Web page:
TOM IGGULDEN: Last election, then Transport Minister Anthony Albanese presided other the announcement of Labor's latest plan to build a fast train. He says the Prime Minister's exotic-sounding funding plan isn't the breakthrough the train idea's been waiting for.

ANTHONY ALBANESE, OPP. TRANSPORT SPOKESMAN: Malcolm Turnbull is out there today on the front page of The Australian newspaper purporting to suggest that no he's in favour of high speed rail and that it can be done for free. That is a fantasy. You don't build a high speed rail line by putting a headline in the newspaper and by coming up with buzzwords like value capture.

JOHN ALEXANDER, LIBERAL MP: I think value capture has got the potential of being able to fund the entire project. And there are those things who think that way and there's those like Anthony Albanese who don't share this joyous view. But he's been wrong before, he'll be wrong again.

TOM IGGULDEN: Government backbencher John Alexanders' been heading a government inquiry into how value capture could help fund major infrastructure projects. The Sydney-based MP thinks it could be just the ticket for fast rail.

JOHN ALEXANDER: I think, strangely, we've come across a perfect storm of opportunity in that Sydney is the second most expensive real estate in the world and Melbourne is the fourth most expensive and the opportunity to release incredible amounts of land that have got very low cost that could be 20 or 30 minutes from the CBD gives that opportunity of enormous value uplift and therefore the opportunity of value capture to fund that infrastructure.

TOM IGGULDEN: While the Government plays with its trains, the Opposition's delved into a different corner of the political toy box and come up with another tried and true election trinket, engaging in a spot of bank bashing. Much like the fast rail idea, it's an issue that's been on the agenda for years. Only last year, Labor voted against a Greens call for a banking royal commission. Now the Opposition supports one. The only thing that's changed, says the Government, is the politically expediency of a looming election.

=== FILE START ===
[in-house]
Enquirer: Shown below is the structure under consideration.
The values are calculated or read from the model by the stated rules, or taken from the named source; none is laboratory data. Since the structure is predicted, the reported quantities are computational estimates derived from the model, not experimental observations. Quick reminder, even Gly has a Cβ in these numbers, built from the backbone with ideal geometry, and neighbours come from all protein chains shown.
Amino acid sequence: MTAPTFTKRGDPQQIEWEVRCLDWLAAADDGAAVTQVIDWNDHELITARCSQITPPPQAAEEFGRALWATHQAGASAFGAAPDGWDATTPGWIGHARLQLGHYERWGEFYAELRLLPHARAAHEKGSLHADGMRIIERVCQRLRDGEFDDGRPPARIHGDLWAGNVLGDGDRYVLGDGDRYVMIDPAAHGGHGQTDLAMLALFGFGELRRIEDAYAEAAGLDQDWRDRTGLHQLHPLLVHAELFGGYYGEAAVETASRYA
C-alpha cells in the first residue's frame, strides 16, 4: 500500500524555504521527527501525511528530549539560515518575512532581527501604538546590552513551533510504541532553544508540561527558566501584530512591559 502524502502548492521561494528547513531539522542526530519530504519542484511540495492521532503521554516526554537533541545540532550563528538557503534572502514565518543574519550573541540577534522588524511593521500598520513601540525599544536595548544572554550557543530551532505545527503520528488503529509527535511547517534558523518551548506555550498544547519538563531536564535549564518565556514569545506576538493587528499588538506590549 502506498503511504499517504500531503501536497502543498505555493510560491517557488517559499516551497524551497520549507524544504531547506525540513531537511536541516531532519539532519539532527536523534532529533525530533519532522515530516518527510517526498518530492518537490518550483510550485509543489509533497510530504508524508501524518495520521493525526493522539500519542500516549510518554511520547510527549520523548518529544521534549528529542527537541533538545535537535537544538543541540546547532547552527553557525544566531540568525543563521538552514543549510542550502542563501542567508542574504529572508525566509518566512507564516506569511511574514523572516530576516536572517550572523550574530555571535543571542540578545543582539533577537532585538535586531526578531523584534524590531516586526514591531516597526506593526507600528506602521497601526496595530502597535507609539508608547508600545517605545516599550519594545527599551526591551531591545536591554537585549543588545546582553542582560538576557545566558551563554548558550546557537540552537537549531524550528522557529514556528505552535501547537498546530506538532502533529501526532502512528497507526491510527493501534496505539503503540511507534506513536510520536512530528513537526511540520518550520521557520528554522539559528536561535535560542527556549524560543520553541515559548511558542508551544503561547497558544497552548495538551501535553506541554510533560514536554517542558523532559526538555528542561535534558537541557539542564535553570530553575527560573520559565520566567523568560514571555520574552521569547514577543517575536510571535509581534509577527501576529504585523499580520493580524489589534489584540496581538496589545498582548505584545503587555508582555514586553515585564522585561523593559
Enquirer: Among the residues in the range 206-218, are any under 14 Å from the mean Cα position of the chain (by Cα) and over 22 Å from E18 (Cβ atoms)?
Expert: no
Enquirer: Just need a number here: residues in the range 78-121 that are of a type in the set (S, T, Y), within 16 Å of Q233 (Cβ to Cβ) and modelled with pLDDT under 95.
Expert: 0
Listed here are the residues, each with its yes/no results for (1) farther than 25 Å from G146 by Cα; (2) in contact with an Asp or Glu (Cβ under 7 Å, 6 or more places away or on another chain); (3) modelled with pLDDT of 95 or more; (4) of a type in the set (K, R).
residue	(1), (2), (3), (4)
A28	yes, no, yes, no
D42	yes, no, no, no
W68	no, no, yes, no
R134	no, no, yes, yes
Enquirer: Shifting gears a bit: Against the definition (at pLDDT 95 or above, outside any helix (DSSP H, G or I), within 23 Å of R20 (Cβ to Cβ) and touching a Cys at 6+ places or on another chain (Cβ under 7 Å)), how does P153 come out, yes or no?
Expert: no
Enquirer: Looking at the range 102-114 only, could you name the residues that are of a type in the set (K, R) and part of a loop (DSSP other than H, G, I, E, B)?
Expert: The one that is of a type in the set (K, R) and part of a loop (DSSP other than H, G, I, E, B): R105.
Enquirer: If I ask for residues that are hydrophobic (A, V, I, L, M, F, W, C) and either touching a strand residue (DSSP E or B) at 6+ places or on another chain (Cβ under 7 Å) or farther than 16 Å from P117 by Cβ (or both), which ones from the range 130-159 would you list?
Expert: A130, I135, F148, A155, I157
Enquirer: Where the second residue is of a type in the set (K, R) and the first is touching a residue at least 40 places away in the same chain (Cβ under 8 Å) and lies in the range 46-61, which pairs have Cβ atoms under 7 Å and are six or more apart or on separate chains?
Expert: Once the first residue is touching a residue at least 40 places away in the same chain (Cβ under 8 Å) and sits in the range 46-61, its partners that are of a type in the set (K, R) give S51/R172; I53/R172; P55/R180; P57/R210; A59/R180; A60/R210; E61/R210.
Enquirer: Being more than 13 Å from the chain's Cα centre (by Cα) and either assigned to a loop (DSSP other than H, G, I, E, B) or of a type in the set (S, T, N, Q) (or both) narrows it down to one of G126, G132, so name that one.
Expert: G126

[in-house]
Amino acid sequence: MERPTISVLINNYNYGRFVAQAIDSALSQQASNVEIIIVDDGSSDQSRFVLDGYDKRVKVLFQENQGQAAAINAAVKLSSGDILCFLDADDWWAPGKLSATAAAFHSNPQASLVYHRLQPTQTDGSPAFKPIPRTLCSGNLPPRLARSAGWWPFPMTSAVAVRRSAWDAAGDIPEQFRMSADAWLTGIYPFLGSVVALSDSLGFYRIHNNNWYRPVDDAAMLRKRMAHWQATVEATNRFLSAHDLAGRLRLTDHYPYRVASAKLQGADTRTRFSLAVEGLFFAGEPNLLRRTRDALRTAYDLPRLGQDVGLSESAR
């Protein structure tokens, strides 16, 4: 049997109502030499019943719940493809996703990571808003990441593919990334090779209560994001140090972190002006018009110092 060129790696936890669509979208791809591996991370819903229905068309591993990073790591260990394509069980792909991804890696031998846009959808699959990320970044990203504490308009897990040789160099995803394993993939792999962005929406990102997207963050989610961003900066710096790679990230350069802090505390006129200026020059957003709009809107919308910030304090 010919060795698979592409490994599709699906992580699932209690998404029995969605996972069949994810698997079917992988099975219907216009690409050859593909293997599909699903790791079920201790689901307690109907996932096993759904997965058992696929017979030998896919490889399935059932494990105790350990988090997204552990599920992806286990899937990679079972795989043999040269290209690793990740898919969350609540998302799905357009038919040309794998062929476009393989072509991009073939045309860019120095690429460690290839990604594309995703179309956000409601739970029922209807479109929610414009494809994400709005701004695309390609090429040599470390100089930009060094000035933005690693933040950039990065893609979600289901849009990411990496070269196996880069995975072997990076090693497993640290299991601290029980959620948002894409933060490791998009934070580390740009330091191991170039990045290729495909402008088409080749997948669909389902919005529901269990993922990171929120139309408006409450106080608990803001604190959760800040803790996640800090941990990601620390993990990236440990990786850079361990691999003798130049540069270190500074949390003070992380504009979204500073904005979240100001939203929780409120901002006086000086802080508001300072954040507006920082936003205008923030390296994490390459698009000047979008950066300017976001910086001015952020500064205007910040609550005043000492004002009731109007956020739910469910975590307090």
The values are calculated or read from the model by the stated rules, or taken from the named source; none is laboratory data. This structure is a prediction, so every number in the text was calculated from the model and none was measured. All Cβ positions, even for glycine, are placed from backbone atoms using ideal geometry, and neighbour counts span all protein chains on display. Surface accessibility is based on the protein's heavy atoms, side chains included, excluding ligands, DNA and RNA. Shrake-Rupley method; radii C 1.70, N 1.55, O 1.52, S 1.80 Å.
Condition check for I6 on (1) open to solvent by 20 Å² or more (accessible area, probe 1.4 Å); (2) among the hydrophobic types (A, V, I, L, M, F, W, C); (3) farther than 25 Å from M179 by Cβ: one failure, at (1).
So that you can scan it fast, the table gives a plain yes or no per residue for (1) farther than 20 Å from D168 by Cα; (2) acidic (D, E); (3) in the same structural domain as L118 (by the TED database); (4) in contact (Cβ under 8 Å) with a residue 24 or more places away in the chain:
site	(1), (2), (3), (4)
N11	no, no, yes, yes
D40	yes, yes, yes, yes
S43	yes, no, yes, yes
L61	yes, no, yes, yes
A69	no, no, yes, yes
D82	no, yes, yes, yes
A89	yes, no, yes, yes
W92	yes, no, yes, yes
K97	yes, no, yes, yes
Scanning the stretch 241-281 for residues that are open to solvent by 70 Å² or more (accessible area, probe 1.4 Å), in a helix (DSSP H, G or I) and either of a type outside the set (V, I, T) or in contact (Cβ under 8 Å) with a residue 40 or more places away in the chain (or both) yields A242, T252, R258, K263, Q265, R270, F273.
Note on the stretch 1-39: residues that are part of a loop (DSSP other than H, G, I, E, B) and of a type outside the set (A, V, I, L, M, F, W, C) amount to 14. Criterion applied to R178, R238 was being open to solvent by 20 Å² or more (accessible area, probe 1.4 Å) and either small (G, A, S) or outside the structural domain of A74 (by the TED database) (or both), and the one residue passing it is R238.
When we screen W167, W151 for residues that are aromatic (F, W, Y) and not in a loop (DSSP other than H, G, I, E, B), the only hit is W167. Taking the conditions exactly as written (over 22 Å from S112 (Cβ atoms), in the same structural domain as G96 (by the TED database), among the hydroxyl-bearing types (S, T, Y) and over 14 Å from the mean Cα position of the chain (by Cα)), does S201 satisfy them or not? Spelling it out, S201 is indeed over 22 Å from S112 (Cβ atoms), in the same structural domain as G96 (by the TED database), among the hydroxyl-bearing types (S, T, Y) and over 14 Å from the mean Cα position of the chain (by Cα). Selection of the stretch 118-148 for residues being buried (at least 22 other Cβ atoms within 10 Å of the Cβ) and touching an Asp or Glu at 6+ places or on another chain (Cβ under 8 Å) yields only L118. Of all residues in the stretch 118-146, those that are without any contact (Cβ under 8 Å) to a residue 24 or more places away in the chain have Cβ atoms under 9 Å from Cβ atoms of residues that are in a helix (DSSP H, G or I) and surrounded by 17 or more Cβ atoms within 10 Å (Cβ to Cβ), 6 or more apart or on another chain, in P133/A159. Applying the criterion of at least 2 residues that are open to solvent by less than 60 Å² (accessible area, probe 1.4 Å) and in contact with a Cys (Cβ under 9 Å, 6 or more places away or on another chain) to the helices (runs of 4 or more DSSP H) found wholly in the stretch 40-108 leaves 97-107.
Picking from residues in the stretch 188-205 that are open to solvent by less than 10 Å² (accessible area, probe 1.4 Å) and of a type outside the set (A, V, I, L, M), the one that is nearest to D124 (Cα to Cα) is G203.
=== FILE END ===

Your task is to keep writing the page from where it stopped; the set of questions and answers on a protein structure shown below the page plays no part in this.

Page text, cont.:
MALCOLM TURNBULL: What Bill Shorten is doing is grabbing at another attempt to distract, another attempt to have one of his thought bubbles to try to create a distraction from the very real need for an ASIC-like regulator in the construction sector, the Australian Business and Construction Commission.

TOM IGGULDEN: The beauty of the Opposition's call for a royal commission from a strategic point of view is that like fast trains, bank bashing is politically popular. A growing number of the Coalition's own ranks even think it's a good idea. One backbencher's even going so far as to say the Prime Minister's decision to rule one out is a captain's call.

Another Queensland backbencher, Bert van Manen, spent 27 years in the banking and finance industry before he went into Parliament. He's part of a current inquiry into the financial services industry and says public concern about banks' behaviour is justified and he questions the effectiveness of the corporate watchdog ASIC.

BERT VAN MANEN, LIBERAL MP: I think ASIC has the resources to deal with these issues, and historically, ASIC has had the resources to deal with issues in the financial services sector as well. The question is why they're not using those resources.

TOM IGGULDEN: Government hopes of a campaign fought on union corruption look to be fading by the day. The hardhats are on and the signals are highly visible. A new political season is coming and it's going to be long and bitter.

SABRA LANE: Tom Iggulden reporting there.